Celebrity everyone should cut some slack: Calista Flockhart, ``Ally McBeal.'' I don't want to hear her discuss her diet. I don't want to see her chowing down hot dogs again when the World Series is on Fox. Just let her act, will ya?

Weakest top 10 show: ``Veronica's Closet,'' NBC. Let's see how well this show does next season, when it departs the built-in ratings cocoon that is Thursday night between ``Friends'' and ``ER.'' By putting it on Mondays, NBC has put this show on a proverbial iceberg and shoved it out to sea.

The next best thing to network television: UPN, Pax. Keep swinging, guys.

Best miniseries: ``Joan of Arc,'' CBS. This May historical drama gave CBS the season ratings win (among total viewers) and was an artistic triumph as well. Honorable mention: ``The Temptations,'' NBC.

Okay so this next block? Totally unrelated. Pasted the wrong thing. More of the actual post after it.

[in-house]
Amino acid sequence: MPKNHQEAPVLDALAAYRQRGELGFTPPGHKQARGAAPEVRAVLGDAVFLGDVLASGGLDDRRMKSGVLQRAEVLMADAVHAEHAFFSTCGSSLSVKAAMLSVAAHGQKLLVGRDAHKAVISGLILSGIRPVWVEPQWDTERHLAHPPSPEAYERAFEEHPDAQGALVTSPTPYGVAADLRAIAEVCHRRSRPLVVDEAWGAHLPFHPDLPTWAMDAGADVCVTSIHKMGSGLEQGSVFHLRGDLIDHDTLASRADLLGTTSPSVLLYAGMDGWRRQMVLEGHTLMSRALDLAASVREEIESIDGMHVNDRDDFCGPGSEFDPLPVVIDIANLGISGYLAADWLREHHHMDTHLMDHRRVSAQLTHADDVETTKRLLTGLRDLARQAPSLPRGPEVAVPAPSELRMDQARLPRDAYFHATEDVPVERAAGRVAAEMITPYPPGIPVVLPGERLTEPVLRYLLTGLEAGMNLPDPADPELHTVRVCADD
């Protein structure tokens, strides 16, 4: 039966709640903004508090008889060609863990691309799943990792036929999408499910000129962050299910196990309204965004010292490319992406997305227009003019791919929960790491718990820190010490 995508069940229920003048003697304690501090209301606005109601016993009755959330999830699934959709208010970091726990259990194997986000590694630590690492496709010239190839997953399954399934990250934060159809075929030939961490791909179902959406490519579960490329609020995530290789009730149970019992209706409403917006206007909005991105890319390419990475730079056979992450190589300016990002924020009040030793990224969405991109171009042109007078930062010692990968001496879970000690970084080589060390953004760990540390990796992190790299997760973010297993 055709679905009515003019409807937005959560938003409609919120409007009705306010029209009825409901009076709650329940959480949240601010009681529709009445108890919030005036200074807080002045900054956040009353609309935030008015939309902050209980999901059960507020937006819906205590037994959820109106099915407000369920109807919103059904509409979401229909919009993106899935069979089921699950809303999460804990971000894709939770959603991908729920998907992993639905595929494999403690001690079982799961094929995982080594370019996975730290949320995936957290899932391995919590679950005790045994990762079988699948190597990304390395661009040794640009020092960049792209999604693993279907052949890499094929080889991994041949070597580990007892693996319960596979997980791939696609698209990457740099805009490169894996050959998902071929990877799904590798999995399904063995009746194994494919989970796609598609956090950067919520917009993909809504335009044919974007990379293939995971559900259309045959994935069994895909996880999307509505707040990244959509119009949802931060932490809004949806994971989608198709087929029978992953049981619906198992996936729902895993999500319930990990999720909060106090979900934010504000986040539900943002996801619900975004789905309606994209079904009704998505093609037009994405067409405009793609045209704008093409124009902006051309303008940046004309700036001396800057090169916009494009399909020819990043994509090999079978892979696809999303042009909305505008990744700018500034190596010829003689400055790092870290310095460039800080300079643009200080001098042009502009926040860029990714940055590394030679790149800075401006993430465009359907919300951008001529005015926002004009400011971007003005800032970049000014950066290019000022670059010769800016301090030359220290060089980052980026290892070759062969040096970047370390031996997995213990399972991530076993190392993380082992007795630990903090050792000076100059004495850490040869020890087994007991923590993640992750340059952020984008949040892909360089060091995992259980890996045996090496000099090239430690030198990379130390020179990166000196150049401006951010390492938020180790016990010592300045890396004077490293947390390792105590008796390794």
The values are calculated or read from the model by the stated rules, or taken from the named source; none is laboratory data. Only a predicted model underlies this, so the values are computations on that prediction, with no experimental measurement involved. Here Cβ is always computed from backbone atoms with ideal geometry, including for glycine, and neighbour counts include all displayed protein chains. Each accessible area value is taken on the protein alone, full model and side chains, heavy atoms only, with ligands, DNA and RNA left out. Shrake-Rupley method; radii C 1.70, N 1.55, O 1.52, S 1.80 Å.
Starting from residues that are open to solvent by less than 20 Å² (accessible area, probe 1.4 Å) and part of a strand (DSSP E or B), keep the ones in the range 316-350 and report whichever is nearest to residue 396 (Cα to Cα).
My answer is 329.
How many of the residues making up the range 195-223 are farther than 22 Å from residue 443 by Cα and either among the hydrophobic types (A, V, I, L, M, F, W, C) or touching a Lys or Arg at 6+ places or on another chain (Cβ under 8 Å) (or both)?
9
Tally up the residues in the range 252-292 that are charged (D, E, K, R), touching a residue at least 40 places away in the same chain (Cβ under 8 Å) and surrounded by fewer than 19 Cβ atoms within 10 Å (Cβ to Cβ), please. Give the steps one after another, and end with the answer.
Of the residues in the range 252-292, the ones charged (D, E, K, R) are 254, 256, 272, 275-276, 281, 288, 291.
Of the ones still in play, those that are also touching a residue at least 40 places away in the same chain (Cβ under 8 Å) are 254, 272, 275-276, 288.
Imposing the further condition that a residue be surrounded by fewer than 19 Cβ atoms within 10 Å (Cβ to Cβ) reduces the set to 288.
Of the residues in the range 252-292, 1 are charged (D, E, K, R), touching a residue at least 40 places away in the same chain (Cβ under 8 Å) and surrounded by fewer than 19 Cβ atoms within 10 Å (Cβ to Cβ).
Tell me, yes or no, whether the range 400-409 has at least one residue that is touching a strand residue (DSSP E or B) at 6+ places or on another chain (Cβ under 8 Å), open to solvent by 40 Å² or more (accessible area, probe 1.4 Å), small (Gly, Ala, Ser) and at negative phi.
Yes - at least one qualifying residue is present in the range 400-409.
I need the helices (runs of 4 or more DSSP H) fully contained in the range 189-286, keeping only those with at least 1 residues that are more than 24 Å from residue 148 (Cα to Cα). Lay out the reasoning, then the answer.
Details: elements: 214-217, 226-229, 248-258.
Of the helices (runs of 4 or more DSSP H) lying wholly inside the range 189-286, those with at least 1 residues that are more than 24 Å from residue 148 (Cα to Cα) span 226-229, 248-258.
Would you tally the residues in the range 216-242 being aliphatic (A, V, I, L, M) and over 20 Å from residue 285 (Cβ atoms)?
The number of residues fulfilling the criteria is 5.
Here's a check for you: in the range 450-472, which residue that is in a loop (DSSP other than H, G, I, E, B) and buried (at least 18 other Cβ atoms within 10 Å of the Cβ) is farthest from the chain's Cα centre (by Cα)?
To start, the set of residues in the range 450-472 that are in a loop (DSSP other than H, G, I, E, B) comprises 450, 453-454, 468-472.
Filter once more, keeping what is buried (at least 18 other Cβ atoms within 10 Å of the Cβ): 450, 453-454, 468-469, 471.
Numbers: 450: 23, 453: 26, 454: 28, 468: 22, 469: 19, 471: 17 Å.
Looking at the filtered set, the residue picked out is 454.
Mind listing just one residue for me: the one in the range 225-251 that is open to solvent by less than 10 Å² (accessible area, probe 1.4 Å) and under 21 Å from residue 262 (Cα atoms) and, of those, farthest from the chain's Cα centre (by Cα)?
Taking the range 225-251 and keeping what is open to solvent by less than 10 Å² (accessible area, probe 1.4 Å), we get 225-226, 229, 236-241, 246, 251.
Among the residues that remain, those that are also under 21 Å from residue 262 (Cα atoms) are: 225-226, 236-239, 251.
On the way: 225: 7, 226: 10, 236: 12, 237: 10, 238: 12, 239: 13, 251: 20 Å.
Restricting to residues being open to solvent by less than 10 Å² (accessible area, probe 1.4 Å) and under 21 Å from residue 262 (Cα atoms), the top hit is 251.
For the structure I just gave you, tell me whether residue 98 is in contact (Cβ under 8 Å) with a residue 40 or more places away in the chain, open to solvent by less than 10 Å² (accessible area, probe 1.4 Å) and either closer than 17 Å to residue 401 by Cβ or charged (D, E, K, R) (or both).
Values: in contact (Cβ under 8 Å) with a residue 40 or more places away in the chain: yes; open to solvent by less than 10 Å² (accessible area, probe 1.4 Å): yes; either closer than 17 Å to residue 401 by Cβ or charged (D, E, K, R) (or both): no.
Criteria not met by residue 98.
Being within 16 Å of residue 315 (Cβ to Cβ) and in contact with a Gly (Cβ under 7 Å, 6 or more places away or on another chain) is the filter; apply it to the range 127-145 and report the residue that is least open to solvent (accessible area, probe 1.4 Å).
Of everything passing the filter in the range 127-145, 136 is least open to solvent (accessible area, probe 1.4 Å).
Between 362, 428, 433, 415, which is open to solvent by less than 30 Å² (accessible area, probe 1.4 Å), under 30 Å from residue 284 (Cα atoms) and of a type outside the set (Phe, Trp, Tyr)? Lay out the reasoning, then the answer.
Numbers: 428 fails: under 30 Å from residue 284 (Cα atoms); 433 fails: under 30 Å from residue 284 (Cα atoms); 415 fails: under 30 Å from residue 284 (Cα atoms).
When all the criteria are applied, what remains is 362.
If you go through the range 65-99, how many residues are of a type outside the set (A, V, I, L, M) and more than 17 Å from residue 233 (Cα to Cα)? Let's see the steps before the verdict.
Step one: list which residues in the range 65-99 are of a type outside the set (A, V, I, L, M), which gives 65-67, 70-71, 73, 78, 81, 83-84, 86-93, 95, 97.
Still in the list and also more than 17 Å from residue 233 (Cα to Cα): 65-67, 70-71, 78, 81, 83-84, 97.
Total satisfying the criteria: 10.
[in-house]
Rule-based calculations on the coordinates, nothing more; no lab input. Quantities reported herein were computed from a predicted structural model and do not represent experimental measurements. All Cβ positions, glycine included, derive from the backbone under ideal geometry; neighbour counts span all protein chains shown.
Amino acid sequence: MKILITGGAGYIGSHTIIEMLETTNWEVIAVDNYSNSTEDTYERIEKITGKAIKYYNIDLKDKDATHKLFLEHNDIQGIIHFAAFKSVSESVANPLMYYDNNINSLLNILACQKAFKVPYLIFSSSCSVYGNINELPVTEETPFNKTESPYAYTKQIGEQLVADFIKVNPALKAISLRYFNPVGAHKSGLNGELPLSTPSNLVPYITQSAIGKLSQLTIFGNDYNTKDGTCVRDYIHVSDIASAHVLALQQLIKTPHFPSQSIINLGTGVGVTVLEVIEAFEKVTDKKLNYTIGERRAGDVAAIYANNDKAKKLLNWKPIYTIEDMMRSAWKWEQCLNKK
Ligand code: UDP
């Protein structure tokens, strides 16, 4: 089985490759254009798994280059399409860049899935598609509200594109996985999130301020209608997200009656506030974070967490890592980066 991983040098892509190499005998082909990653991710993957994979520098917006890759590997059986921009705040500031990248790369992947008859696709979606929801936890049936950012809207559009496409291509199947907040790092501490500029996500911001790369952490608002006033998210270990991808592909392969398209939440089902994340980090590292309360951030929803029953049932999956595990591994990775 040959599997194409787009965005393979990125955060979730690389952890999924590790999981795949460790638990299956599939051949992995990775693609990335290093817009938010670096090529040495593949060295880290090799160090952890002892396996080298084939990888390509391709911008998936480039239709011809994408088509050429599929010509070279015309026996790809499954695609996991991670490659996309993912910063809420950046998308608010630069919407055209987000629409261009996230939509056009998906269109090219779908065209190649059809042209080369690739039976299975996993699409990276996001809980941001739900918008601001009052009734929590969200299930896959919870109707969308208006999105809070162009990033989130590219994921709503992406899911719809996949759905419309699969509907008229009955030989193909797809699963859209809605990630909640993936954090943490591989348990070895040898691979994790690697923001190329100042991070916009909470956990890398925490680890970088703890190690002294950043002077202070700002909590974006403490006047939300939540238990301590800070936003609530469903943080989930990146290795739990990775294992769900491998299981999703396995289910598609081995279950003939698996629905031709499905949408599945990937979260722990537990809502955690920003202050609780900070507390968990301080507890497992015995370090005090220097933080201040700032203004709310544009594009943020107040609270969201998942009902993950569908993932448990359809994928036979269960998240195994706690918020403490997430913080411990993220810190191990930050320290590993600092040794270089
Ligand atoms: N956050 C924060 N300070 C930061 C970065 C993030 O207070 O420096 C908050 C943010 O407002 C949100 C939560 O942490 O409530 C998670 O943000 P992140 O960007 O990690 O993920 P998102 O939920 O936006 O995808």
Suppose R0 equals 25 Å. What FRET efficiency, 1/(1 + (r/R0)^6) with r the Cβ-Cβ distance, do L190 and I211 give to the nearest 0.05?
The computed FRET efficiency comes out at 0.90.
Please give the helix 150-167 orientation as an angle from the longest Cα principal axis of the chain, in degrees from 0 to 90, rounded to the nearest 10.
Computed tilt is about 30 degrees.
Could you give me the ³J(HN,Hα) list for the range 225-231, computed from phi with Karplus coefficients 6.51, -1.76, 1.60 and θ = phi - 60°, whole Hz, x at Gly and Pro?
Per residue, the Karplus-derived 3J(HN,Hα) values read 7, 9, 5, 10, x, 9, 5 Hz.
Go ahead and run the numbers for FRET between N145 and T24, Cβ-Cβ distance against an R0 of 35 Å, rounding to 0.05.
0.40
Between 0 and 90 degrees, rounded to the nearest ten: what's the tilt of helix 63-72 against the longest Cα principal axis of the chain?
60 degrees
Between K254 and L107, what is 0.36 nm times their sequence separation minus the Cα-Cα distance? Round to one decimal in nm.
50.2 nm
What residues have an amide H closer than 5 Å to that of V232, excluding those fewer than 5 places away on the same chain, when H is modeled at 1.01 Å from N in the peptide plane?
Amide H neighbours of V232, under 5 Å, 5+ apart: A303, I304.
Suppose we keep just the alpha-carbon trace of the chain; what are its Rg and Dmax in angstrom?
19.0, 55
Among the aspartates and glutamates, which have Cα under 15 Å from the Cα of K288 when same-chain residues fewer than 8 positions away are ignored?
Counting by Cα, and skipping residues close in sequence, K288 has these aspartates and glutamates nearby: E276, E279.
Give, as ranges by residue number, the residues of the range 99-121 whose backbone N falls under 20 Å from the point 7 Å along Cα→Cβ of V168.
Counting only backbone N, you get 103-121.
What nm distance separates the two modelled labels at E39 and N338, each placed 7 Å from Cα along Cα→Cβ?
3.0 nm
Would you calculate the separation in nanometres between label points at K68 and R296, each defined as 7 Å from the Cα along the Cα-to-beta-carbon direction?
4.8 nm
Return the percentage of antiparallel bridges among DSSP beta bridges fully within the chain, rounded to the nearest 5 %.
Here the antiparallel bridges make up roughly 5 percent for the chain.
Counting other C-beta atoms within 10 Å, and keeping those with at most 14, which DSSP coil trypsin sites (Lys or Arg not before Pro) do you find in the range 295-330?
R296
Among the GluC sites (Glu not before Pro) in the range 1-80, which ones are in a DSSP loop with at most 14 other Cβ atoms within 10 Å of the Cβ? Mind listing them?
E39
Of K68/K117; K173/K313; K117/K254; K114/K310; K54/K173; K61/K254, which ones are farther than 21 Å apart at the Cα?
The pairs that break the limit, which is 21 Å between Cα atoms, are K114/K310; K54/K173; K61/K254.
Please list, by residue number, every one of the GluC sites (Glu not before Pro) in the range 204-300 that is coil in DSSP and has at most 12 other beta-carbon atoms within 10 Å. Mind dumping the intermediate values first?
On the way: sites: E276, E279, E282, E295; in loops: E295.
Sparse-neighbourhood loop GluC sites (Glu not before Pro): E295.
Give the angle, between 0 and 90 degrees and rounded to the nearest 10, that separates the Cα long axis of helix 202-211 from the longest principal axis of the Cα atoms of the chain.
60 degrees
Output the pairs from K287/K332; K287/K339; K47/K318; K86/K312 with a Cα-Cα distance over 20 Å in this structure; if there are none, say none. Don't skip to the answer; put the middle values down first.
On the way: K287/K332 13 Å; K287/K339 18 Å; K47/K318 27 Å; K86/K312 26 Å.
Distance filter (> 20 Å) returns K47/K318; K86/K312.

Worst miniseries:(Tie) ``The '60s,'' ``Noah's Ark,'' both NBC. Don't make me go over the details again.

Best drama (``The Sopranos'' excluded): ``The Practice,'' ABC. Who needs movies on Sundays when you have ``The X-Files'' at 9 p.m. (on Fox) followed by ``The Practice'' at 10 p.m.?

Best comedy: ``Friends,'' NBC. The show made a stirring comeback this year, thanks to Monica and Chandler.

Biggest disappointment: ``Frasier,'' NBC. A perennial all-star, this comedy had an awful year overall (but improved down the stretch).

The best show you might think isn't for you, but is: ``Buffy the Vampire Slayer,'' WB. The writing is shockingly good and relevant beyond teens.